N.Y. Times Admits Reporter Lifted ‘Language’ From WSJ, Others

Second media plagiarism scandal in as many weeks

Another week, another media scandal involving alleged plagiarism — this one at the New York Times.

On Sunday, the Times published an editor’s note explaining that Zachery Kouwe, a business reporter, "appears to have improperly appropriated wording and passages published by other news organizations" in a "number" of articles in the Times and on its DealBook blog "over the past year."

Kouwe "reused language from The Wall Street Journal, Reuters and other sources without attribution or acknowledgment."

That sounds like "plagiarism" by any other name.

It was the Journal that tipped the Times off on Friday to what it said was "apparent plagiarism."

Kouwe had a byline in Saturday’s paper, but hasn’t had one since.

Last week, Gerald Posner, an investigative reporter for the Daily Beast, resigned after multiple allegations of plagiarism against him surfaced.

The Times said the "matter remains under investigation" and that the paper "will take appropriate action consistent with our standards to protect the integrity of our journalism."

In the meantime, read the Journal editor Robert Thomson’s letter to the Times’ Bill Keller, via the New York Observer:

Dear Mr. Keller,

I’m writing to alert you to a case of apparent plagiarism in the New York Times. As you’ll see from the text below, a significant proportion of an article by Wall Street Journal reporter Amir Efrati was used verbatim, or near verbatim, in a story by the Times’ Zachery Kouwe, both online and in print. There was no general news release about this particular story and the Journal’s coverage was informed by original reporting and a meticulous review of legal files related to the case of Mr. Bernard Madoff.

Mr. Efrati’s Wall Street Journal story, titled, "Madoff Sons, Brother, Niece Being Sued by Trustees for Victims" was published on Dow Jones Newswires at 12:25 p.m. on Friday, Feb. 5, and was published on WSJ.com shortly thereafter. At 2:31 p.m., Mr. Kouwe published a related, in fact, a remarkably related story. The examples below show the striking similarities.

Example 1:

Mr. Efrati wrote:

Mr. Picard said the family received about $141 million in the six months leading up to Mr. Madoff’s December 2008 arrest.

Mr. Kouwe wrote:

Mr. Picard said the family received about $141 million in the six months leading up to Mr. Madoff’s arrest in December 2008.

Example 2:

Mr. Efrati wrote:

The family members agreed not to transfer or sell property or assets valued at more than $1,000 or incur debts and obligations greater than $1,000 without approval of the trustee.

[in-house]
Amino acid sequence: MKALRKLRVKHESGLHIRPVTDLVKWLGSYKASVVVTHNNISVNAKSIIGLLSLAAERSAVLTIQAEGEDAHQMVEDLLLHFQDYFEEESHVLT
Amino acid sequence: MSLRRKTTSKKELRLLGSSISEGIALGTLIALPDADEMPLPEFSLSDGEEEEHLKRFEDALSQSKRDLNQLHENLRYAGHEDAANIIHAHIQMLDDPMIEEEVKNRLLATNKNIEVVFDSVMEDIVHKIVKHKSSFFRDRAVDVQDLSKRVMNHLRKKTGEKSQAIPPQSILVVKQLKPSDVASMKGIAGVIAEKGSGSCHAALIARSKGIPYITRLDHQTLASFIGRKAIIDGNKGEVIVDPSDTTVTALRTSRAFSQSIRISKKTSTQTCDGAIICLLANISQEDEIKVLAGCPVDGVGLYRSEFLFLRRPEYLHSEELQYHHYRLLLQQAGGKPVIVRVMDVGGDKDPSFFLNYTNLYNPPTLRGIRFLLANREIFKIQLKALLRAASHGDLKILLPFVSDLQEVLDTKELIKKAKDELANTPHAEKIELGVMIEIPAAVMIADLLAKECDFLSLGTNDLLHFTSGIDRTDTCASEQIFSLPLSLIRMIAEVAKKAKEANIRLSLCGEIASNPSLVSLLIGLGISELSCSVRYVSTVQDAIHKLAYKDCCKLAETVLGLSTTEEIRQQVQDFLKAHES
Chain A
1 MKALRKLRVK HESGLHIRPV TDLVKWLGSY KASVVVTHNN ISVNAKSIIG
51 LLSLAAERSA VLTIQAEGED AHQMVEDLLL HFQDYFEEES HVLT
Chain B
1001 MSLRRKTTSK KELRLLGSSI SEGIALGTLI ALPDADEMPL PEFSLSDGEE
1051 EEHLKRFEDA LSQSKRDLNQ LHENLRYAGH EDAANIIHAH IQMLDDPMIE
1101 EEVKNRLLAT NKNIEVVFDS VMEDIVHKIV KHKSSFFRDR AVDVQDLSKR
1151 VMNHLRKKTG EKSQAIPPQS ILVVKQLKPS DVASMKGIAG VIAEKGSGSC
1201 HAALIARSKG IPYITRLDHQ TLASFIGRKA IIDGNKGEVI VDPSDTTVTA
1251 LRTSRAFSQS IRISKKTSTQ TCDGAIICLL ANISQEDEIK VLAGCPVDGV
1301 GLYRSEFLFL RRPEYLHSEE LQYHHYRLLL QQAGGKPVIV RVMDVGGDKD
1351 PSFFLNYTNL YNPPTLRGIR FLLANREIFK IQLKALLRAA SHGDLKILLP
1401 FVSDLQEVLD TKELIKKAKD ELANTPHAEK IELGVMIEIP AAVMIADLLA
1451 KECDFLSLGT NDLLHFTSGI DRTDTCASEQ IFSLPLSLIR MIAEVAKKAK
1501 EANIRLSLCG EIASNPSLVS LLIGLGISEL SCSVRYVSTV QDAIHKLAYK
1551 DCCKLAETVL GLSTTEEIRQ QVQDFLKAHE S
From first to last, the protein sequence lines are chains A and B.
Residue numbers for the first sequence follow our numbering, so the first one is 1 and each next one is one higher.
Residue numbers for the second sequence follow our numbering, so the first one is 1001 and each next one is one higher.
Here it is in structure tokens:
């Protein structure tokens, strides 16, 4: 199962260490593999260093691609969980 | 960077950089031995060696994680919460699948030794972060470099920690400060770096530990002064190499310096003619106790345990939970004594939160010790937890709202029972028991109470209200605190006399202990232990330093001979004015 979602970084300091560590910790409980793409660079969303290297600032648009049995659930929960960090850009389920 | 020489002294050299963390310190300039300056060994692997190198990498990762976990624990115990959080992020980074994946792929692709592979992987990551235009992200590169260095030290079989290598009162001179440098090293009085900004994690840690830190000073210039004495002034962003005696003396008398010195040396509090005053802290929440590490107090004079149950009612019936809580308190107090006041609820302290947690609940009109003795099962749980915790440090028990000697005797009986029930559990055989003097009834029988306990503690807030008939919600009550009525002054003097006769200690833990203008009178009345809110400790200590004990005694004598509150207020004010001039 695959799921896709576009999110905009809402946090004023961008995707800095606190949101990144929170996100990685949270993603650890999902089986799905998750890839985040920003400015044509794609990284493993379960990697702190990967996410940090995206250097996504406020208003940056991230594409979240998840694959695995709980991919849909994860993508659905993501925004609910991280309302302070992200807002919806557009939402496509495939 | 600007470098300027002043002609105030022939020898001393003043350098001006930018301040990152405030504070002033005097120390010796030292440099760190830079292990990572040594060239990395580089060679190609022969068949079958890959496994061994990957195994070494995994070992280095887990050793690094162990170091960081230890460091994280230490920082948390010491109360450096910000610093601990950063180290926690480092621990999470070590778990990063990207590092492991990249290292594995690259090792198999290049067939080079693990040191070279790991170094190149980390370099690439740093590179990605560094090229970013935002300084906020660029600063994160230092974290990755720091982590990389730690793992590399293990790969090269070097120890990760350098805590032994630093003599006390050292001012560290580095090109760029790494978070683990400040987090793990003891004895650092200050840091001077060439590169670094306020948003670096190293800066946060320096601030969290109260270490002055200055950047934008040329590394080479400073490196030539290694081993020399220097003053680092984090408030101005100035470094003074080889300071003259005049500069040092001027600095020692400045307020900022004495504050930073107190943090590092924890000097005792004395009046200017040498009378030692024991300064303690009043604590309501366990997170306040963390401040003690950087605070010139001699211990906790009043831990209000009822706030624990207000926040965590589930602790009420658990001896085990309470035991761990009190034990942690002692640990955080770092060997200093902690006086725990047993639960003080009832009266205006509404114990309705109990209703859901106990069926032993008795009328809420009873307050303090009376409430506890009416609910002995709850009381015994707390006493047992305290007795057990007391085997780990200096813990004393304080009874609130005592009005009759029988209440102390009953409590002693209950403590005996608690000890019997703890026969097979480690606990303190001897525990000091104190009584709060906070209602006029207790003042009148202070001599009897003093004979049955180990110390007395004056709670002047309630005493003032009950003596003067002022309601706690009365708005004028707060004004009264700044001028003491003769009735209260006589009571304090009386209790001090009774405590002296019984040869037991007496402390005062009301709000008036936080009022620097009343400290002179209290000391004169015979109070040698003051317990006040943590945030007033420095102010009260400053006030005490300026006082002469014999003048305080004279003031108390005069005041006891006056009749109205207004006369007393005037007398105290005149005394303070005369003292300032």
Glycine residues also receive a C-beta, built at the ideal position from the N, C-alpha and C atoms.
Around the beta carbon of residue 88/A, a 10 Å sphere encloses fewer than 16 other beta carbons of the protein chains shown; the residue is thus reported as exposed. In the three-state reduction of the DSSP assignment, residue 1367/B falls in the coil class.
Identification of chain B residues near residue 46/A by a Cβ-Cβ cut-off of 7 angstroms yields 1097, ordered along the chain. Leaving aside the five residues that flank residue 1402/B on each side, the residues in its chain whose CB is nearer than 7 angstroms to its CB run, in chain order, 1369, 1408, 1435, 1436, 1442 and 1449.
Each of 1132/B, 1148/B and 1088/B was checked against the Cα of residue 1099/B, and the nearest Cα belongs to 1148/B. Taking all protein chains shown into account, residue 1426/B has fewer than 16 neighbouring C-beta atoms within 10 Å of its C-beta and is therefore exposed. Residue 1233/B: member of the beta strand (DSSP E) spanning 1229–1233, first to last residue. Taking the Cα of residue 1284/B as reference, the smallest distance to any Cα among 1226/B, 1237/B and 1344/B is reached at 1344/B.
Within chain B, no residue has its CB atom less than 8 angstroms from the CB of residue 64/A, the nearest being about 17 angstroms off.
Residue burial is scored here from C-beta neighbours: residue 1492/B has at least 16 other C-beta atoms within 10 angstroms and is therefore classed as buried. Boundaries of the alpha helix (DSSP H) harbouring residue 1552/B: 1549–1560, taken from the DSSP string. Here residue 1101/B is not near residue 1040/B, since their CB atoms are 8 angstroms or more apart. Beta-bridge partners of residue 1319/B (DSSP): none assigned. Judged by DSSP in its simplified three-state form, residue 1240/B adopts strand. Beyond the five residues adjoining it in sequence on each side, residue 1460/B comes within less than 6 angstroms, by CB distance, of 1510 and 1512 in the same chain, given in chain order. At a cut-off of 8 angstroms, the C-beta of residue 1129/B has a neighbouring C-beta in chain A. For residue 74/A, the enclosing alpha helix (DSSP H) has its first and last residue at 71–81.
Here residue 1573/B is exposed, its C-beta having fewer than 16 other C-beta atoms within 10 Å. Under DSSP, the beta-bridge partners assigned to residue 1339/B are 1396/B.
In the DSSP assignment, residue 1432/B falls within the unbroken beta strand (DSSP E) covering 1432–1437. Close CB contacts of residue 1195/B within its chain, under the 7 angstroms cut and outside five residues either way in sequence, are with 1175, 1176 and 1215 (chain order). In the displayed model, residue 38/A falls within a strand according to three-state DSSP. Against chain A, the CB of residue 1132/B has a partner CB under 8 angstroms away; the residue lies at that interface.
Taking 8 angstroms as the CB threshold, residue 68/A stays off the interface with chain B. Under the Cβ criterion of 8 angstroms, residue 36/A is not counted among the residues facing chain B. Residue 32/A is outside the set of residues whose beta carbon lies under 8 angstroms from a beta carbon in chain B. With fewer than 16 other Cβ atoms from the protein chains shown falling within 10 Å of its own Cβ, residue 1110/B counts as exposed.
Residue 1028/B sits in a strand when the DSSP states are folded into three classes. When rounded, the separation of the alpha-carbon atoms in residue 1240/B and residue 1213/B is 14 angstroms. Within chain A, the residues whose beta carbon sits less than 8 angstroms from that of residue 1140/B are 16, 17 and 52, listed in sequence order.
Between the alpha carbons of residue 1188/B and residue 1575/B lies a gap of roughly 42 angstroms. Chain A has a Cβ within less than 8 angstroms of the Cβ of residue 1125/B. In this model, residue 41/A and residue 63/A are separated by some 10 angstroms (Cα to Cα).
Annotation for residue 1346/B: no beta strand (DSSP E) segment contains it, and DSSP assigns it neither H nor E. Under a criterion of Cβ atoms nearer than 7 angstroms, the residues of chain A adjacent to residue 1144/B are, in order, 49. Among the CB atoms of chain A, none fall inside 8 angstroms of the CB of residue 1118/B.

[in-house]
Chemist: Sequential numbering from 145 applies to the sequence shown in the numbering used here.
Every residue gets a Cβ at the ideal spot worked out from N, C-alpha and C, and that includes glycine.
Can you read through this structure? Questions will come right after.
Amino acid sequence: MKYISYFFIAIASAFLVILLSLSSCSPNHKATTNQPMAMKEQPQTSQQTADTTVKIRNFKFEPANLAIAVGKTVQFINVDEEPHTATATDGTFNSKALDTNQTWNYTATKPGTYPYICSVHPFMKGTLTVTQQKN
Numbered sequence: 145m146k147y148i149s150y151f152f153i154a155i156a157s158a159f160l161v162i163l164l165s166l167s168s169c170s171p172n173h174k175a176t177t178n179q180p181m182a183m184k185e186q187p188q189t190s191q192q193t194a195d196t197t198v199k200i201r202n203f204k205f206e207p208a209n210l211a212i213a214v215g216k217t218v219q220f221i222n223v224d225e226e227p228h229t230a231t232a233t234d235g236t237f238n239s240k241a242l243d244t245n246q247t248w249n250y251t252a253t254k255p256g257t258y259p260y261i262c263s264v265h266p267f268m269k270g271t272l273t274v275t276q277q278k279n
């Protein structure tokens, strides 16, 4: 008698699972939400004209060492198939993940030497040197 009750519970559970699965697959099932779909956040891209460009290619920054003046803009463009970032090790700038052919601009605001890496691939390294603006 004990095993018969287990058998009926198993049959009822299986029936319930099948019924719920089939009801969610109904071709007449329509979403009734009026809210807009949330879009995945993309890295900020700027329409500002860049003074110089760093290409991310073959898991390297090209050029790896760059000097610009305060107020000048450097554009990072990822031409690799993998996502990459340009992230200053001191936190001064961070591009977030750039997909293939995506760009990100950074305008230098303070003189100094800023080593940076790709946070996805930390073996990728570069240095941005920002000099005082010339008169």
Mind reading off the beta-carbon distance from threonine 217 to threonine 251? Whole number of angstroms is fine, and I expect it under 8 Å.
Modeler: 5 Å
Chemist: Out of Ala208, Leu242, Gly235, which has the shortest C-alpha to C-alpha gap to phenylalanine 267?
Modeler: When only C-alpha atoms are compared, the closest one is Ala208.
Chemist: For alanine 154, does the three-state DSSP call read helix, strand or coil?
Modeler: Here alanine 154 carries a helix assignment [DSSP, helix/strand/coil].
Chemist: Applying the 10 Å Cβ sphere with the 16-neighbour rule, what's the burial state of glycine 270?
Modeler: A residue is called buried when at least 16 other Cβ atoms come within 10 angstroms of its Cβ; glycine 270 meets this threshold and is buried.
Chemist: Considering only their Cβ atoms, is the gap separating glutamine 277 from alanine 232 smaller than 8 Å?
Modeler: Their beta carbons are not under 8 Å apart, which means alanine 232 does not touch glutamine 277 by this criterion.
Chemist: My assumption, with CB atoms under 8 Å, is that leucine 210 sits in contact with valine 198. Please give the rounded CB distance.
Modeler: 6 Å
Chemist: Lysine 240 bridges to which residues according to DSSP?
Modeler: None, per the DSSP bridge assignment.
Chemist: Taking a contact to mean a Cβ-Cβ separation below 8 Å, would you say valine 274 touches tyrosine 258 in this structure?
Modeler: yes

Mr. Kouwe wrote:

Under the agreement, the family members cannot transfer or sell property or assets valued at more than $1,000 or incur debts and obligations greater than $1,000 without approval of Mr. Picard.

Example 3:

Mr. Efrati wrote:

They are allowed to use credit cards for necessary living expenses.
The defendants also will provide the trustees with an accounting of their expenditures, the orders say.

Mr. Kouwe wrote:

They are allowed to use credit cards for necessary living expenses.
The defendants also will provide the trustee with an accounting of their expenditures.

Example 4:

Mr. Efrati wrote:

Last year Mr. Madoff’s wife, Ruth, also agreed to an asset freeze as part of a separate trustee’s $45 million lawsuit against her.

Mr. Kouwe wrote:

Last year, Mr. Madoff’s wife, Ruth, also agreed to an asset freeze as part of a separate trustee’s $45 million lawsuit against her.

Example 5:

Mr. Efrati wrote:

According to the trustee’s lawsuit, son Andrew Madoff invested just under $1 million into his Madoff investment accounts yet withdrew $17 million through "brazenly fabricated transactions."

Mr. Kouwe wrote:

According to the trustee’s lawsuit, Andrew Madoff placed just under $1 million into his Madoff investment accounts yet withdrew $17 million through "brazenly fabricated transactions" over the years.

Example 6:

Mr. Efrati wrote:

Peter Madoff invested $32,146 into his accounts but redeemed more than
$16 million in similar fashion, the trustee said.

Mr. Kouwe wrote:

Peter Madoff invested $32,146 into his accounts but redeemed more than
$16 million, the trustee claims.

The extensive use of such similar phrases, without any attribution, is extraordinary. This is not a case of involving a columnist with apparently perfect recall or a case of cryptomnesia, but one of fundamental journalistic integrity.

Clearly, we expect that The New York Times will run a correction and publically acknowledge the source of the published material– that source being The Wall Street Journal.

Yours,

Robert Thomson

CC: Clark Hoyt, Public Editor
Larry Ingrassia, Business Editor
Philip Corbett, Deputy News Editor